With all the flooding caused by Tropical Storm Fay and seeing the footage of folks with water in their homes, I got to remembering the 1957 Overflow that occured in our area.
We'd had an exceptionally hard winter and had been without power due to an ice storm that lasted several days. I don't remember much about that, I was only 8 years old at the time, but I have vivid memories of the water rising in the spring and some of the things that happened during that time. I have some timelines of a few of the things that happened because I had a baby brother born in April of that same year and as if that wasn't traumatic enough, we had that dang flood.
It was in May and almost time for school to be out. The river, which was very close to some of property we farmed had begun rising. My Dad along with a lot of other men were spending time walking the levee's trying to keep them from breeching(a word I didn't know back then). They were sandbagging and doing what they could to keep the river on it's side of the levees.
But the water outside was rising also. Some was probably from rain, some from seep water. At any rate, it became apparent that if it continued, it would be in our house before long.
Our house didn't sit on the ground on a concrete slab like many houses today. It was a small wood frame house with asbestos siding and a tin room. It sat on blocks. You could lie on the ground and see all the way from one side of the house to the other. You had to go up about 3 or maybe 4 steps to get on the front porch.
But the water was rising and my Dad began making plans to move us out to higher ground. He took my Mother, my two brothers and me to stay a few days with my Mother's sister in Jonesboro. They weren't in any danger there. He took all the livestock to the sale and got rid of them. This included the milk cow and probably 20 or so pigs. I don't remember what he did with the chickens, but they had nests high enough that they probably weren't in any danger.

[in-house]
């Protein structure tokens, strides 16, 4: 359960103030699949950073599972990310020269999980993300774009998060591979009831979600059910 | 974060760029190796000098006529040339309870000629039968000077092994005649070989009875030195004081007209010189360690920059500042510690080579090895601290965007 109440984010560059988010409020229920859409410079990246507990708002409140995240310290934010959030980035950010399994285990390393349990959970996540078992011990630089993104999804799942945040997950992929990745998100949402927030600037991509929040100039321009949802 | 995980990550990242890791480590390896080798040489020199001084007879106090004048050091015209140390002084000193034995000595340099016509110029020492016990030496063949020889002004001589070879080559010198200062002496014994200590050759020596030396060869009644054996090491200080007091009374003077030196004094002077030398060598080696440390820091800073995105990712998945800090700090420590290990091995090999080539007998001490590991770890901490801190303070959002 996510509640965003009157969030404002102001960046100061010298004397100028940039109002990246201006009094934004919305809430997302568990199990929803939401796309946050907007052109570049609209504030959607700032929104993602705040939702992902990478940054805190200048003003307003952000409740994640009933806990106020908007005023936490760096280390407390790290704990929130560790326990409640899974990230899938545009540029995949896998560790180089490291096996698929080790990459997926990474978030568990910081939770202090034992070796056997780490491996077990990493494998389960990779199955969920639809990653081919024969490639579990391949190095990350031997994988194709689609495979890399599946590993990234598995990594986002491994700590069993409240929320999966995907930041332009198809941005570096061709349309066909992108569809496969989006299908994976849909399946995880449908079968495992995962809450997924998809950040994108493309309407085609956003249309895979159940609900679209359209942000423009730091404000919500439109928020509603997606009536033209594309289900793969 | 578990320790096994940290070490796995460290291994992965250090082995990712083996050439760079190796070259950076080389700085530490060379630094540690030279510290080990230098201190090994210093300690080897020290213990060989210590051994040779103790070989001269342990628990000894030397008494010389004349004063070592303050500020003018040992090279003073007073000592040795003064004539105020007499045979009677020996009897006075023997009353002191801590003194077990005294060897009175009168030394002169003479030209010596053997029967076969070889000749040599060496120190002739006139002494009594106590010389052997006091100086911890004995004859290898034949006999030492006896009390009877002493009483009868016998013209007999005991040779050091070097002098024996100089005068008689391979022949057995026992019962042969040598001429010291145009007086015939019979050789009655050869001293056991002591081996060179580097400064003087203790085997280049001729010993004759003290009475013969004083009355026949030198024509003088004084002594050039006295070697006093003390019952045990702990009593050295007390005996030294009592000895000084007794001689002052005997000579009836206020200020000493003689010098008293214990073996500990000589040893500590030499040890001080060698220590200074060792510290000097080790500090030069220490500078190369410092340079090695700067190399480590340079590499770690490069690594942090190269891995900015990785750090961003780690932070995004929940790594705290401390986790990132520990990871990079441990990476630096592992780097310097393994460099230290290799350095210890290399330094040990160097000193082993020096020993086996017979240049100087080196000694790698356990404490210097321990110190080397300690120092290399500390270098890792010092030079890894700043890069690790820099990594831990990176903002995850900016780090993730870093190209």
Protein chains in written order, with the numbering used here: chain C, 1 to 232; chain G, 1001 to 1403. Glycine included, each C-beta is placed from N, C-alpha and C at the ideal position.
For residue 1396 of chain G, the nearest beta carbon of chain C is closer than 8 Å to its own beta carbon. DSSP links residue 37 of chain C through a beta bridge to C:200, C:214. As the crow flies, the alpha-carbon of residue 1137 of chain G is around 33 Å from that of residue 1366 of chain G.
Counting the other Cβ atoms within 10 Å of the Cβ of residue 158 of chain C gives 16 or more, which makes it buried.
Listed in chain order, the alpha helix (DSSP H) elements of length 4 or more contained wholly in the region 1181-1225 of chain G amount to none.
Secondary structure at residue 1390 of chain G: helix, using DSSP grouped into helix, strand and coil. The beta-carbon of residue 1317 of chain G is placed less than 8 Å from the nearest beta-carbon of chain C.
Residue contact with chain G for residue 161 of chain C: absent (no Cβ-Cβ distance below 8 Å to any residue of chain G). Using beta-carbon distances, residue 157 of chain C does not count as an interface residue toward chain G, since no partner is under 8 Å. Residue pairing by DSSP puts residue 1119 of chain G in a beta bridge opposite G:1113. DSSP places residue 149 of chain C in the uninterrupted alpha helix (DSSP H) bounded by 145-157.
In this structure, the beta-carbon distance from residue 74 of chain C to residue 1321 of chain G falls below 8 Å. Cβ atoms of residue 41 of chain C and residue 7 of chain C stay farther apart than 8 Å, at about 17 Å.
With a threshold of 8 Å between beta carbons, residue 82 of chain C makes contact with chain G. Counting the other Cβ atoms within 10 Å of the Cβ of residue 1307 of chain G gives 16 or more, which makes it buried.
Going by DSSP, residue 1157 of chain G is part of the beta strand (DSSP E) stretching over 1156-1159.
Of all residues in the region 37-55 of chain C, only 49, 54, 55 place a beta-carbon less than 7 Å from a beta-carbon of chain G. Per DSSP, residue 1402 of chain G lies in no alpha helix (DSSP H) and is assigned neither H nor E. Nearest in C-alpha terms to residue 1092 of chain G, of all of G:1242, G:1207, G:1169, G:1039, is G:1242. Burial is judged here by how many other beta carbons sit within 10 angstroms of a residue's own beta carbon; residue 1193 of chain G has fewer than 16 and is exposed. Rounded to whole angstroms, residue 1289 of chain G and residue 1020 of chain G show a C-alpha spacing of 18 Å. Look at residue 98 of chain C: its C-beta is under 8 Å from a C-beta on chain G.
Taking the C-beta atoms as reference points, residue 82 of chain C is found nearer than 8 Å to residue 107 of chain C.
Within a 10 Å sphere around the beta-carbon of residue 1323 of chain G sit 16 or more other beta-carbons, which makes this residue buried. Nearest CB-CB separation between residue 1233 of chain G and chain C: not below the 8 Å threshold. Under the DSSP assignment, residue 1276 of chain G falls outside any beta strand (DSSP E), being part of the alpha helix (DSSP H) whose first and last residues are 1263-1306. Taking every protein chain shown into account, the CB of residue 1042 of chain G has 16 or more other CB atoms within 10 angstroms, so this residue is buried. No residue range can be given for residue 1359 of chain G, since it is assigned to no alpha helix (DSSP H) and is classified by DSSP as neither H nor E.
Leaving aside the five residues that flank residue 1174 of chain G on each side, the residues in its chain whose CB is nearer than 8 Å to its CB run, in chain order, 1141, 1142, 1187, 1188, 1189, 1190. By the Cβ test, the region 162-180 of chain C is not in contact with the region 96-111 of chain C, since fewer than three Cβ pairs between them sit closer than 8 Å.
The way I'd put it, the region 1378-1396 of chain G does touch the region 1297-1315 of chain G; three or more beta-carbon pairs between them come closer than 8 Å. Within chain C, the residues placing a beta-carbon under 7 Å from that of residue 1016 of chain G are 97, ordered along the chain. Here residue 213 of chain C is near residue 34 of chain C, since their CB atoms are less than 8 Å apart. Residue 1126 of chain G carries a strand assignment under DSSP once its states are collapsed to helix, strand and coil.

Our furniture was all moved into cotton trailers and covered with tarps and also moved to higher ground.
Looking back, I'm sure my parents were terribly distraught, but it was a grand adventure for my older brother and me. My younger brother was just a month old, so he has no memories of it at all.
After several days, Daddy came and collected us. The water had begun to recede and we were no longer in any apparent danger. The money Dad had made from the sale of the livestock would have to help us through the rest of the year, since there was no crop that year. Cotton should have and may have been planted in April and May, but was a distant memory after the flooding.
We were in desperate times, but we kids didn't know it at the time. It was only some years later that I realized just how bad things could have been when I remembered that my grandfather gave my brother a pig. I'm thinking he gave it to my brother because he knew how much pride my Dad had and probably wouldn't have taken it if offered to him.
But that pig was probably a life saver to our family. We kept it, and as we had the money, added another and soon we were back in the pig business. Somewhere, Daddy got the money to buy another milk cow and the big flood became a historical event that was brought up in conversation from time to time.
What events changed your life--maybe without you knowing it until years passed and you grew up? Might not have been a flood, may have been a death or a move, but that at the time, you didn't realize the ramifications of it all. This is your self-appointed psychoanalyst here. Spill it.
Have a great Friday. Love one another.